Art, Blogging Round 2, Philosophy, Plato

Art As Poison

*** A philosophy paper that I think might be interesting to others beside my professor****

Learning to love Plato and his philosophies is no easier than Plato thinks learning should be. When studying Plato, it seems normal to experience confusion and amusement, to critique his sanity and end feeling a sense of appreciation that’s somehow suspended between the aforementioned emotions. Plato’s aesthetic theory is no easier to grasp, for it condemns art and reduces the artist to a mere “imitator”.  Because he believes that art is imitation, Plato contends that it corrupts the soul and poisons the mind.  Albeit harsh Plato’s aesthetic theory makes sense when one has a clear understanding of his theory of “the forms”.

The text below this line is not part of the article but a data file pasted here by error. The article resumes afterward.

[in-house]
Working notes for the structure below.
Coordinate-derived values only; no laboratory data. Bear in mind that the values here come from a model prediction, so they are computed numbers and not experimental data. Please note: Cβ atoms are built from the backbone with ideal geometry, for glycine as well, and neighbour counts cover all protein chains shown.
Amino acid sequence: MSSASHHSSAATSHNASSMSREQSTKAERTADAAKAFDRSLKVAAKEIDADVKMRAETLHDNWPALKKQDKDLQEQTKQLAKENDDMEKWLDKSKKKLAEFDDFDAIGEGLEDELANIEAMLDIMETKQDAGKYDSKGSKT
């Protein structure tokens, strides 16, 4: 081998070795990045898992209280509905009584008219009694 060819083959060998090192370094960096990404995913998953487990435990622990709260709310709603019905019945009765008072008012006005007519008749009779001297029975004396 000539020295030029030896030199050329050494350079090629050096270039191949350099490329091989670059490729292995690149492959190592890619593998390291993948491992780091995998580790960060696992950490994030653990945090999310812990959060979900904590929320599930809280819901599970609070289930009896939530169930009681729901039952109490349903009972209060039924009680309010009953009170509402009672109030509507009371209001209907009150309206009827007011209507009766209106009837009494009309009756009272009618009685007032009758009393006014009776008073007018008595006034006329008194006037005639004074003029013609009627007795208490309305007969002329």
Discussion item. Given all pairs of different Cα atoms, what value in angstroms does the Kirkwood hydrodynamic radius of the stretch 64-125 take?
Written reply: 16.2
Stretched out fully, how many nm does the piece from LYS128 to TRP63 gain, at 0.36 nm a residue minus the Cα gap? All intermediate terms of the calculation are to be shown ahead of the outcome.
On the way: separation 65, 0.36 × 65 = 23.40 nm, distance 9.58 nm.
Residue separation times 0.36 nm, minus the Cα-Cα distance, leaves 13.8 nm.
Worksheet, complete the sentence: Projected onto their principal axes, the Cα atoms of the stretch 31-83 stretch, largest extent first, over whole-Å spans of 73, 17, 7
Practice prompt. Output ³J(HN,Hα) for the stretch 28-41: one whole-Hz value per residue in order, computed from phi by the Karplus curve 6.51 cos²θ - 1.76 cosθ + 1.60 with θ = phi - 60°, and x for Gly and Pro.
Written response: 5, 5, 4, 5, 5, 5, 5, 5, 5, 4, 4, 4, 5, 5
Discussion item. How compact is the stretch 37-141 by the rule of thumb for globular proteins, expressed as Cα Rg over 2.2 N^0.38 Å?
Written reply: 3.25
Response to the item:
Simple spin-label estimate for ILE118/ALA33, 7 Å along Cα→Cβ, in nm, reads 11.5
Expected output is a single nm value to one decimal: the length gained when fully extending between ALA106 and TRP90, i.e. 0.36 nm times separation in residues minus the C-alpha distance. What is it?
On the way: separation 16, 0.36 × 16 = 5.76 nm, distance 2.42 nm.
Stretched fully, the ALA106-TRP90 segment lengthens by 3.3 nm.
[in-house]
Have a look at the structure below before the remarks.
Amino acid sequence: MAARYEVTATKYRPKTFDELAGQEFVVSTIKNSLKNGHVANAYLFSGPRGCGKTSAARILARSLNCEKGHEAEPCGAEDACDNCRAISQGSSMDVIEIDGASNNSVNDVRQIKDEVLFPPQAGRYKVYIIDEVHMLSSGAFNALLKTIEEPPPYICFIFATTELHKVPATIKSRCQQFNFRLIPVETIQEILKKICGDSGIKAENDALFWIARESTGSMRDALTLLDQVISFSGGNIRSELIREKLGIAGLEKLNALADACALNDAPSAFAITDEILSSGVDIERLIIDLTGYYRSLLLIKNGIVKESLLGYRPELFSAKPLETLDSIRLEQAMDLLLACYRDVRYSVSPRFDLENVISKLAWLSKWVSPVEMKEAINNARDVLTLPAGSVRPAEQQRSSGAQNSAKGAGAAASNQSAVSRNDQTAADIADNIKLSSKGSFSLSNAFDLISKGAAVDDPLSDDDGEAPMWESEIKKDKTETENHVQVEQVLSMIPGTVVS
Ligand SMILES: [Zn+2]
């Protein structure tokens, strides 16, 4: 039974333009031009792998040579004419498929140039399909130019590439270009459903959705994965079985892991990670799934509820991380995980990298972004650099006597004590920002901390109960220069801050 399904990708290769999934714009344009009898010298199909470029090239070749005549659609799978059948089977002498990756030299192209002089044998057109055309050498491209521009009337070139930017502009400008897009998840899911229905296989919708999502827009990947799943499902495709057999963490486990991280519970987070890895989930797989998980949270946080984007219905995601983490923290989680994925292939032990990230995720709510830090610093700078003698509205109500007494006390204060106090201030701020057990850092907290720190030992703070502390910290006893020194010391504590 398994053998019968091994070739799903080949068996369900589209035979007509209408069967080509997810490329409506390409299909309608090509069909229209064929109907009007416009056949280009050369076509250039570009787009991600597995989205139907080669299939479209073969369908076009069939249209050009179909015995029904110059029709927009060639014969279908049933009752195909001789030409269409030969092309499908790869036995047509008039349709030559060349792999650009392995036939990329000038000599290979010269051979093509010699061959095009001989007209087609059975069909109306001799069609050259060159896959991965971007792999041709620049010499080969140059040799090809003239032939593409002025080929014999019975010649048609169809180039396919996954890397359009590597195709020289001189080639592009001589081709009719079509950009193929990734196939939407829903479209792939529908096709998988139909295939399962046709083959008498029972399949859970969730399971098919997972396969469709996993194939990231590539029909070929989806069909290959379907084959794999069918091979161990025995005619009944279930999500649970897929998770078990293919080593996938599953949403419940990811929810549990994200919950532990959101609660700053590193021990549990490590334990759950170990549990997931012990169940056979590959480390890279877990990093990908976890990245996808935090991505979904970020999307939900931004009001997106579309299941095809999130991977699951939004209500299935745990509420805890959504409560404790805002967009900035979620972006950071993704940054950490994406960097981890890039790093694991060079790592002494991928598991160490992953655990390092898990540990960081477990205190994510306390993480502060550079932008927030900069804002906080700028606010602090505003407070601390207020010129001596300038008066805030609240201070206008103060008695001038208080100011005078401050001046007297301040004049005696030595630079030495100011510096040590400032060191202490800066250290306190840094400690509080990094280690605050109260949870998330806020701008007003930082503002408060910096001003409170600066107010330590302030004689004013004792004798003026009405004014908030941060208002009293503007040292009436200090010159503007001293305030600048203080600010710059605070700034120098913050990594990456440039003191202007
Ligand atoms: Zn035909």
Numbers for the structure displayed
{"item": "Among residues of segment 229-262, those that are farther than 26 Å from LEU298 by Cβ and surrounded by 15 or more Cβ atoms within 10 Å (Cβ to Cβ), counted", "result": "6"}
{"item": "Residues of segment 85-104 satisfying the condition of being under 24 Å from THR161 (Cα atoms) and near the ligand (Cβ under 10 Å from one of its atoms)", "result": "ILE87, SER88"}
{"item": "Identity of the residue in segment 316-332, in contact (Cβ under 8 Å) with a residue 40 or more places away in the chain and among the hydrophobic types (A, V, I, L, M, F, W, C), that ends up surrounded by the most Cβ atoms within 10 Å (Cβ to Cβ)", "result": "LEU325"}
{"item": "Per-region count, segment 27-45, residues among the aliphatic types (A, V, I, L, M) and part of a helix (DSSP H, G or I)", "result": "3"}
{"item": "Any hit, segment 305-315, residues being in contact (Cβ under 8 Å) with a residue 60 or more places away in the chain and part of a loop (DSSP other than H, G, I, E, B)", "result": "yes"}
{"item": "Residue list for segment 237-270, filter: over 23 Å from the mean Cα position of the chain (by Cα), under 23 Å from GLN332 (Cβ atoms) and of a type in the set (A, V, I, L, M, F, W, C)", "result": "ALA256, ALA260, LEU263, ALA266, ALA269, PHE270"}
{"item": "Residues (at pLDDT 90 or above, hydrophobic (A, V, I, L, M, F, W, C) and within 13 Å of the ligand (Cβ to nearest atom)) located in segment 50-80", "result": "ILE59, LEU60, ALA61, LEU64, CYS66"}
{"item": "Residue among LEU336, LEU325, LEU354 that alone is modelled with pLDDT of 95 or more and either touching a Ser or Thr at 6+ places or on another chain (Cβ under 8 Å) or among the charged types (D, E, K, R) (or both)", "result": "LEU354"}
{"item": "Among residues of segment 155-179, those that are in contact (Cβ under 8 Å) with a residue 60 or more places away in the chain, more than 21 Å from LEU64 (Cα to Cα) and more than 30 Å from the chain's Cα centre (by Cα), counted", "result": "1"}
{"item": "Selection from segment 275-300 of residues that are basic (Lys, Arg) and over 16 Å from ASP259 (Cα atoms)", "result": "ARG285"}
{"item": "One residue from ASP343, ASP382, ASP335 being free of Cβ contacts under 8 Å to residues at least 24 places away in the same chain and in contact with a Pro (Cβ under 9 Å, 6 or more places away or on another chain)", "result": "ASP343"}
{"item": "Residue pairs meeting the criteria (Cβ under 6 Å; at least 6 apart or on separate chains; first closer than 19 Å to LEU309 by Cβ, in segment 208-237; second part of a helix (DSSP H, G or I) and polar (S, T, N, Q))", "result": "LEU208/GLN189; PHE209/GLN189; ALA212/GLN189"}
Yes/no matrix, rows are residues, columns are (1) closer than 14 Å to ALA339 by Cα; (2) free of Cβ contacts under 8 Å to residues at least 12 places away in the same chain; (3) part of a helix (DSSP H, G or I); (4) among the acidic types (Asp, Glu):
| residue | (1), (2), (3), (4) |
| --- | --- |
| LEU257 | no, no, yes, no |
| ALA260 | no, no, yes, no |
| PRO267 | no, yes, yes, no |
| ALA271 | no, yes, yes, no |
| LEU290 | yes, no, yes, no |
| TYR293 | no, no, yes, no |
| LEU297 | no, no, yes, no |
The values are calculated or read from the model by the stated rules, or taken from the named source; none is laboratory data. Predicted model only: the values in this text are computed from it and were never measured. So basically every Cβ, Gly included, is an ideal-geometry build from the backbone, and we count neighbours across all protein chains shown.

The suffix “-ness” is generally used to form nouns out of adjectives. For example, from “kind”, “sad” and “wild” come kindness, sadness and wilderness.  With the “-ness” they become more abstract ideas and thoughts. Something that is sad is more concrete than a feeling of sadness. Sadness is an idea and a feeling and something that is sad is the manifestation of that idea. When discussing Plato’s theory of forms, it helps to add “-ness” to objects so that we can think of the idea or the “form” of that object. What is the difference between a chair and chairness?  Chairness is the idea of a chair, and is what Plato believes is the true and pure form of a chair. Plato believes that truth only lies in the realm of thinking and that these invisible forms represent truth. Plato doesn’t think that the physical world is the place that people should seek truth, but that it is more attainable in the mind and in the form of ideas.